Enough With the Isru Chag Folly

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A decorates a Sukka ahead of the pilgrimage holiday Sukkot

Wednesday is the day after a holiday, in this case the day after Shmini Atzeret. It is not a holiday, or even an intermediate day of a holiday. Everything will operate as normal, or nearly so: Schools will only reopen Thursday. The Education Ministry website explains that “the day after each of the three [weeklong pilgrimage] festivals” – Passover, Shavuot and Sukkot (which is followed immediately by Shmini Atzeret) – “is called isru chag. The name comes from the Psalms – ‘[B]ind the festival sacrifice with cords, even unto the horns of the altar’ (Psalms 118:27). In this context, the intent is to express the difficulty of taking leave of the holiday: They bound the festival for just one more day.”

It’s easy to identify with the difficulty of taking leave of the holiday. Who wouldn’t want to stretch the vacation a bit more and delay the return to work? But reopening workplaces – and not schools as well – not only fails to take into account parents’ difficulty in taking leave of the holiday and its vacation, but makes it twice as hard (especially in this holiday-riddled month). Many parents of young children are left to hunt for childcare arrangements on the days that school is still out while they have to go back to work.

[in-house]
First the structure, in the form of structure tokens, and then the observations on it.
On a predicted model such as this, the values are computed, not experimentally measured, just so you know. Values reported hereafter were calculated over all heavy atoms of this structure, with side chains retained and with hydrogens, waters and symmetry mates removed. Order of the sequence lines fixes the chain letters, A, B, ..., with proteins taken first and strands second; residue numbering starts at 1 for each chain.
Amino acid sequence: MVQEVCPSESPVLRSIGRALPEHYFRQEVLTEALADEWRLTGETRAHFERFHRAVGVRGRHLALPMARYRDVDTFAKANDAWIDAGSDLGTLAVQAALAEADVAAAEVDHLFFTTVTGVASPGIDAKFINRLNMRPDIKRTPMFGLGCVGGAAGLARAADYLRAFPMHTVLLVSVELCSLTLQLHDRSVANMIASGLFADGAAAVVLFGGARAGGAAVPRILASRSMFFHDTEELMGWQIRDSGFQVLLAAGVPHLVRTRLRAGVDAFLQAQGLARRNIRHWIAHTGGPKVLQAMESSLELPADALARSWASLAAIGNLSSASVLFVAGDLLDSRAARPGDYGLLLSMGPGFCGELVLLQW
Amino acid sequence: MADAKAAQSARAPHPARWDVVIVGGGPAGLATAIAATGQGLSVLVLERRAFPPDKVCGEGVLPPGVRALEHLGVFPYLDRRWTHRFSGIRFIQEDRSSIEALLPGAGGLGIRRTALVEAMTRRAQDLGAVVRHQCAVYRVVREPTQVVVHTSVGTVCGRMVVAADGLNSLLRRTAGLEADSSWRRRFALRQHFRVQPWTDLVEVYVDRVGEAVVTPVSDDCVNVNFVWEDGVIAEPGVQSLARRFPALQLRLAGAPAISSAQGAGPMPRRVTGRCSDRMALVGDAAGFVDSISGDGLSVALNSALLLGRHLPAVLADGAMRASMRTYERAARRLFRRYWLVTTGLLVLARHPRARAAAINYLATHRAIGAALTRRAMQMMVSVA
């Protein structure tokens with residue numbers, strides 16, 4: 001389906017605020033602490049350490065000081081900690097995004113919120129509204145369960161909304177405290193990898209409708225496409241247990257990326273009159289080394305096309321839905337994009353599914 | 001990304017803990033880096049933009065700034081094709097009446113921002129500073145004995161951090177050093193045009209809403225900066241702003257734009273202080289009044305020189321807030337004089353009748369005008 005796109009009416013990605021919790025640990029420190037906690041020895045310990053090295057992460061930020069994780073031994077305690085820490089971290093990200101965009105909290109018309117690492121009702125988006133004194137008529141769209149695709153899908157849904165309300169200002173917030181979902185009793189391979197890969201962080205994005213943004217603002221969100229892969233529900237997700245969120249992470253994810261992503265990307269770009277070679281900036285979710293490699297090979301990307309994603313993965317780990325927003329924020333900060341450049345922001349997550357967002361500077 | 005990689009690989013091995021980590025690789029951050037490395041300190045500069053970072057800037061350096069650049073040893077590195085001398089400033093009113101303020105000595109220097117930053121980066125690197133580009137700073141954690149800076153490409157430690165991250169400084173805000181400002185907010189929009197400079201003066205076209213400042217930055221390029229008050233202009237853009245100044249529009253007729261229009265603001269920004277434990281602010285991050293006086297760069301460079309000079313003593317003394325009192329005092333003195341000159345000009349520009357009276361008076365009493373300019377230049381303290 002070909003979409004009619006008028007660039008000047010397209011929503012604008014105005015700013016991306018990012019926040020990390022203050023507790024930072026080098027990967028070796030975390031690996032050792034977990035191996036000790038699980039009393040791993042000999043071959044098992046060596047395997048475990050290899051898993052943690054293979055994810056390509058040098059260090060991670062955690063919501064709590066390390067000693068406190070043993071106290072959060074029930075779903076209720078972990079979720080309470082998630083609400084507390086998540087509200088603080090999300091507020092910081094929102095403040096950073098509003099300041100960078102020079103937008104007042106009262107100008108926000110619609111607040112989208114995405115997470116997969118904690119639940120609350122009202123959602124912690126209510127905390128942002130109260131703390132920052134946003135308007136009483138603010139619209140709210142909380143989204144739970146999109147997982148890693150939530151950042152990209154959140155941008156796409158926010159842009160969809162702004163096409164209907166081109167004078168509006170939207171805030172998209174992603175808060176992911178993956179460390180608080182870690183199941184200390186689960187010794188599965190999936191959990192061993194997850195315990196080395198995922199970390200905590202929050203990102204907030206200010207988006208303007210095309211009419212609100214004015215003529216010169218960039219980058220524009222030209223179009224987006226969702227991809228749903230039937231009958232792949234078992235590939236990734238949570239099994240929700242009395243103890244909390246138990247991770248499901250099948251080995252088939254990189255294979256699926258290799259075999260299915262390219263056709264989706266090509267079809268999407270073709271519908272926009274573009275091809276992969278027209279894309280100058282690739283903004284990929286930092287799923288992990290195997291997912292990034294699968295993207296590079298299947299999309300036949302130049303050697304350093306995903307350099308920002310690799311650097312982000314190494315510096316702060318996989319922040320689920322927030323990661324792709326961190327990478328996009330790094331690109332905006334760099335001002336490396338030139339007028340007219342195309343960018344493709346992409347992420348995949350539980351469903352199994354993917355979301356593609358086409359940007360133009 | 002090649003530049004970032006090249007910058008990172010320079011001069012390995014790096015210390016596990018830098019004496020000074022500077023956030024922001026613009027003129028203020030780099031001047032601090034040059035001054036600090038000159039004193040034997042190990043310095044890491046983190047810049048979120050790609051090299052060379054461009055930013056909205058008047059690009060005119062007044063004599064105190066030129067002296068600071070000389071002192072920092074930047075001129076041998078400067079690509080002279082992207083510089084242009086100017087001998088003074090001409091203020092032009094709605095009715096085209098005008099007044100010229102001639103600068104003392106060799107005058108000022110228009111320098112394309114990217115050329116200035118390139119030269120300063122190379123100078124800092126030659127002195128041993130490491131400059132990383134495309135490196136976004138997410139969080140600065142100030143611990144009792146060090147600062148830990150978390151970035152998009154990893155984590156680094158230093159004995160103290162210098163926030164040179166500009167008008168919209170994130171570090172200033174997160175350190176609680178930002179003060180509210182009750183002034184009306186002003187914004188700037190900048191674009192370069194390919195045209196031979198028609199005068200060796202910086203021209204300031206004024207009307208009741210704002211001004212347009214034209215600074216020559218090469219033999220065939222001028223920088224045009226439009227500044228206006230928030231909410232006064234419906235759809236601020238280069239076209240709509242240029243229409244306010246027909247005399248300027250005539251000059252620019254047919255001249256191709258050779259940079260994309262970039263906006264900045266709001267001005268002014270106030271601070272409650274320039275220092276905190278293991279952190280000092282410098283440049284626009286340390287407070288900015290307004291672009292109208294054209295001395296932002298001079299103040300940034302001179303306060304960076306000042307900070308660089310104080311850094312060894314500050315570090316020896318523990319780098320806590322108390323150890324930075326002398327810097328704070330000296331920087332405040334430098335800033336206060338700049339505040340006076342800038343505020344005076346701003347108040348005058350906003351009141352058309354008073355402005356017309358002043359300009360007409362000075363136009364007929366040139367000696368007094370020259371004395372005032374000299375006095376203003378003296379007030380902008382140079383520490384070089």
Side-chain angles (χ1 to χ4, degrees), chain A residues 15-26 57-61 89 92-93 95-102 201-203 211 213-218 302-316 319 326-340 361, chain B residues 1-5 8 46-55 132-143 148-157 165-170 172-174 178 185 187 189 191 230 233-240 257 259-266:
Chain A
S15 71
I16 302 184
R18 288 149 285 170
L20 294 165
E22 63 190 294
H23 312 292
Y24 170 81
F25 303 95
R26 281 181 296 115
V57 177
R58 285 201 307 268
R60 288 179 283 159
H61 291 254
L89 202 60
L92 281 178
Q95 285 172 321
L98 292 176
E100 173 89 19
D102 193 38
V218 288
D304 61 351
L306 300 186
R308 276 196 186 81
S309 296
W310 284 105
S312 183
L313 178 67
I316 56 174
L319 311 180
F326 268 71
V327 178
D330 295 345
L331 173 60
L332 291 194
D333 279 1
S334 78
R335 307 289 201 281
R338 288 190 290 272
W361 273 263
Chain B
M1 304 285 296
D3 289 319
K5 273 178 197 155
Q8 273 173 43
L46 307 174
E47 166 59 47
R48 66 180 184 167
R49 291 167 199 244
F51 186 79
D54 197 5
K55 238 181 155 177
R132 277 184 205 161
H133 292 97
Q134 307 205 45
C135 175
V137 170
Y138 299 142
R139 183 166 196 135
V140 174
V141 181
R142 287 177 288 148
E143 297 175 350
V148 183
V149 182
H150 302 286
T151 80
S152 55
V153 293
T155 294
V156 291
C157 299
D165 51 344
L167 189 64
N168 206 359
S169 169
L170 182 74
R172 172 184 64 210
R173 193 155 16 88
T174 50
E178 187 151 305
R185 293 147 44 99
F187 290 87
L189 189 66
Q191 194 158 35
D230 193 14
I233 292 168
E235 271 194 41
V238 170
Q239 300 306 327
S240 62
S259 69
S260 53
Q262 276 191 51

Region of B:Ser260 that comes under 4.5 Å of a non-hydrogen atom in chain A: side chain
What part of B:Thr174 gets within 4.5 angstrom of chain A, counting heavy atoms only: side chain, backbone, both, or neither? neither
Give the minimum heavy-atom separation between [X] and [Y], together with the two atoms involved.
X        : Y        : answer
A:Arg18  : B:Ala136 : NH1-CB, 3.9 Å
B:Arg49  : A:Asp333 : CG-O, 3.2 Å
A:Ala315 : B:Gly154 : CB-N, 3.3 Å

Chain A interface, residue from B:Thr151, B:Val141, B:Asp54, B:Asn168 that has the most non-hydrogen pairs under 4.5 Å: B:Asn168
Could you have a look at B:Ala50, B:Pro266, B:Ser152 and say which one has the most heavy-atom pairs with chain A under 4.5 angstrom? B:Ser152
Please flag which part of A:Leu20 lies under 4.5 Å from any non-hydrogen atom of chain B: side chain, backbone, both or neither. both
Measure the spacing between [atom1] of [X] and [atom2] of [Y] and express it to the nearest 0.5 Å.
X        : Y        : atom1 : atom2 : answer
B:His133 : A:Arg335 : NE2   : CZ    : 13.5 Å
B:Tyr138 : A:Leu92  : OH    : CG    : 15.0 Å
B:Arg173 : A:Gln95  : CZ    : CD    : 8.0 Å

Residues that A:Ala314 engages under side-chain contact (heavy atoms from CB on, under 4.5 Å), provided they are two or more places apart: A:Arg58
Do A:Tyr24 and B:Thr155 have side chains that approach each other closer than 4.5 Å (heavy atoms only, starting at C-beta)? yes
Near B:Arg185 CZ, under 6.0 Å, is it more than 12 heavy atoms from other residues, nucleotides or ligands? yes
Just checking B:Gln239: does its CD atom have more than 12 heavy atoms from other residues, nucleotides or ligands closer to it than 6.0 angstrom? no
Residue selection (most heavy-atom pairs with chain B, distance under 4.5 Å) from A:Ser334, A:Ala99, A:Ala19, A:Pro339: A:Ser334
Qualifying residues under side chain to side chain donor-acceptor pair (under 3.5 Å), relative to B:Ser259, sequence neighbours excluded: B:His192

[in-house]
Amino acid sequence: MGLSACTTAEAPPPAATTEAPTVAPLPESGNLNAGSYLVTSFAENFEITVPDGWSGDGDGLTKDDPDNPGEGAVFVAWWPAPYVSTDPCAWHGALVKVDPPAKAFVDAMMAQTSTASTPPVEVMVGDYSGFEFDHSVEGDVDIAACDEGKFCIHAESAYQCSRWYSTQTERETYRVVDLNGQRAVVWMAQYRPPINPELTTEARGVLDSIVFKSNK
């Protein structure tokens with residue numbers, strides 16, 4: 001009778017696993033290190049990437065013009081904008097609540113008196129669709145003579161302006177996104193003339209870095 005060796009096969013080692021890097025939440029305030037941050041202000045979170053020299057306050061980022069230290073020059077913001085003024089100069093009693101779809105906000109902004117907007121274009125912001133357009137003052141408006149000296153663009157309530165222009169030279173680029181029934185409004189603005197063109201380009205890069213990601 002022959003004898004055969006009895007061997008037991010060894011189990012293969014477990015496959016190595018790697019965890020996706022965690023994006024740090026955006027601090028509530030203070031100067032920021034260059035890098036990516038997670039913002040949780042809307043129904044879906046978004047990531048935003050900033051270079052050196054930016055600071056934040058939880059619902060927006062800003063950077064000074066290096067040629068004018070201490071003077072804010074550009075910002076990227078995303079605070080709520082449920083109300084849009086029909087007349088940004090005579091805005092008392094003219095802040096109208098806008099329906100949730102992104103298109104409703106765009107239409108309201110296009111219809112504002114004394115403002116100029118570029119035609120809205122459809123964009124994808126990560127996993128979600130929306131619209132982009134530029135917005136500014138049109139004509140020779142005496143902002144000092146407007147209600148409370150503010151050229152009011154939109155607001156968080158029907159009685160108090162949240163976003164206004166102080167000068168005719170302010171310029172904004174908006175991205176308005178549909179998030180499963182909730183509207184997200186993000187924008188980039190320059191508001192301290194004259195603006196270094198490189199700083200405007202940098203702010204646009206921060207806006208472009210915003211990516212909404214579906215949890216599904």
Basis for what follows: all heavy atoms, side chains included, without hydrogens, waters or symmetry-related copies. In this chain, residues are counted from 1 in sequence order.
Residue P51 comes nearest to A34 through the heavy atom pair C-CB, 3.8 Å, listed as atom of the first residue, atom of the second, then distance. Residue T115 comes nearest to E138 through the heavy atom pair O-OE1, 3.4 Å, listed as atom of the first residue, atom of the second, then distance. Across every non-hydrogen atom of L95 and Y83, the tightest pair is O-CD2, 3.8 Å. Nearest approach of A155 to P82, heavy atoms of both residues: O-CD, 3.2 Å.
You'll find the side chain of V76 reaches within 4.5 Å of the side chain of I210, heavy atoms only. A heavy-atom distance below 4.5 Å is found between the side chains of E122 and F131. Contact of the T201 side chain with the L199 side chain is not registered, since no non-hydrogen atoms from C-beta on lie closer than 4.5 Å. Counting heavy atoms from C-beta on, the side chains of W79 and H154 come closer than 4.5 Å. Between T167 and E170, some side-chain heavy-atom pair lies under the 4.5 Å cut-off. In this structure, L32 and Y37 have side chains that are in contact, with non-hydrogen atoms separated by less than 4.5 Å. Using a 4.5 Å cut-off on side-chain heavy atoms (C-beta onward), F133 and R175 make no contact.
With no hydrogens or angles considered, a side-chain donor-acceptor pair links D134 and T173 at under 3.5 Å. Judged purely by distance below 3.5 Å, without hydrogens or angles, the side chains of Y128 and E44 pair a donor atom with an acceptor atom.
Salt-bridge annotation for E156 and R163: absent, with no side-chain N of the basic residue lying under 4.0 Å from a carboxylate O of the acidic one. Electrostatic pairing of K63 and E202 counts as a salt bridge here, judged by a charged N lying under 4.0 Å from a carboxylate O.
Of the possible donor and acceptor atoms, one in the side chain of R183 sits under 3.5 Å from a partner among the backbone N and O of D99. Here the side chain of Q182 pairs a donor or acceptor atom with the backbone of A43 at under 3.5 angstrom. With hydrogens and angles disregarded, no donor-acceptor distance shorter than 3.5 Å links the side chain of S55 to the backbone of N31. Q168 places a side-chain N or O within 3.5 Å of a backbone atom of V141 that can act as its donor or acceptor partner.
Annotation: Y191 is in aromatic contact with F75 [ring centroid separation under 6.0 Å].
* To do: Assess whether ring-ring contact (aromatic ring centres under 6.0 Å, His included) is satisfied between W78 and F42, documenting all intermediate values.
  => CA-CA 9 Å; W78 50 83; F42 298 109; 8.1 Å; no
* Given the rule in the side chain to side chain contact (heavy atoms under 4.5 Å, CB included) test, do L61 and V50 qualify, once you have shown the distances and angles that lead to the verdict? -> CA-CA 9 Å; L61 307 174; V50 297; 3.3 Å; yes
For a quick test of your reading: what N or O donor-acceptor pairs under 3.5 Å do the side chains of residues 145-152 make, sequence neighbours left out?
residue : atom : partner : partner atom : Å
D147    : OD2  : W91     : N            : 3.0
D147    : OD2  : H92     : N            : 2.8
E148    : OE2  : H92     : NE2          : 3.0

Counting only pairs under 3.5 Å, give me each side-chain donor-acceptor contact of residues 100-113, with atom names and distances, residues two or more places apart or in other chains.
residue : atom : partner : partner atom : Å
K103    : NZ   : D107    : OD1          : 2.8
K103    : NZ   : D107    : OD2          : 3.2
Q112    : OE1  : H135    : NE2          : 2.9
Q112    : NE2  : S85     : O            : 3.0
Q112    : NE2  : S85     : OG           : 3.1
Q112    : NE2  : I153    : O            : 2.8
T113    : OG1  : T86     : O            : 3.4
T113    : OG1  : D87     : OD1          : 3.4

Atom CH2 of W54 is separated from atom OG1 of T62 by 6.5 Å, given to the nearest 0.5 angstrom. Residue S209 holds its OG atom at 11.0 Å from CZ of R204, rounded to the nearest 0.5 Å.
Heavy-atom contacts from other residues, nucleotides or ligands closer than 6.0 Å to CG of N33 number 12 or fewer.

The Bank of Israel estimates that almost 30 percent of Israeli households with children ages 3-11 are affected by these gaps between school and workplace schedules. They clearly reduce labor productivity. Isru chag is an unnecessary holiday that adds three absurd vacation days to the schedules of teachers and students (after Sukkot, Passover and Shavuot). This is an outdated vacation schedule that hasn’t been changed in decades. Every year, the number of school days and the scheduling of vacation days are determined and then published by the Education Ministry in consultation with the teachers’ unions. But contrary to what is commonly thought, this practice isn’t enshrined in the teachers’ collective bargaining agreements.

Over the years, various public committees and initiatives by parents have sought to reduce the gap between students’ vacations and those of their parents, but they have always run into fierce opposition from the teachers’ unions. This opposition is understandable. The teachers fear a worsening of their work conditions and don’t want to lose vacation days. But consideration for their employment conditions can’t come at the entire country’s expense. Possible ways of fixing this situation include moving to a five-day school week, from six, or adding vacation days for parents. We need a rational vacation system that will be relevant to the current era in which both parents often work – one that seeks to make parents’ and children’s vacations overlaps as much as possible. It’s certainly possible to come up with ways to compensate the teachers and find different ways of taking their needs and rights into account.

Upon taking office, Education Minister Yifat Shasha-Biton announced that “the revolution begins today.” A good place to start that promised revolution would be with teachers’ vacation schedules.

The above article is Haaretz’s lead editorial, as published in the Hebrew and English newspapers in Israel.

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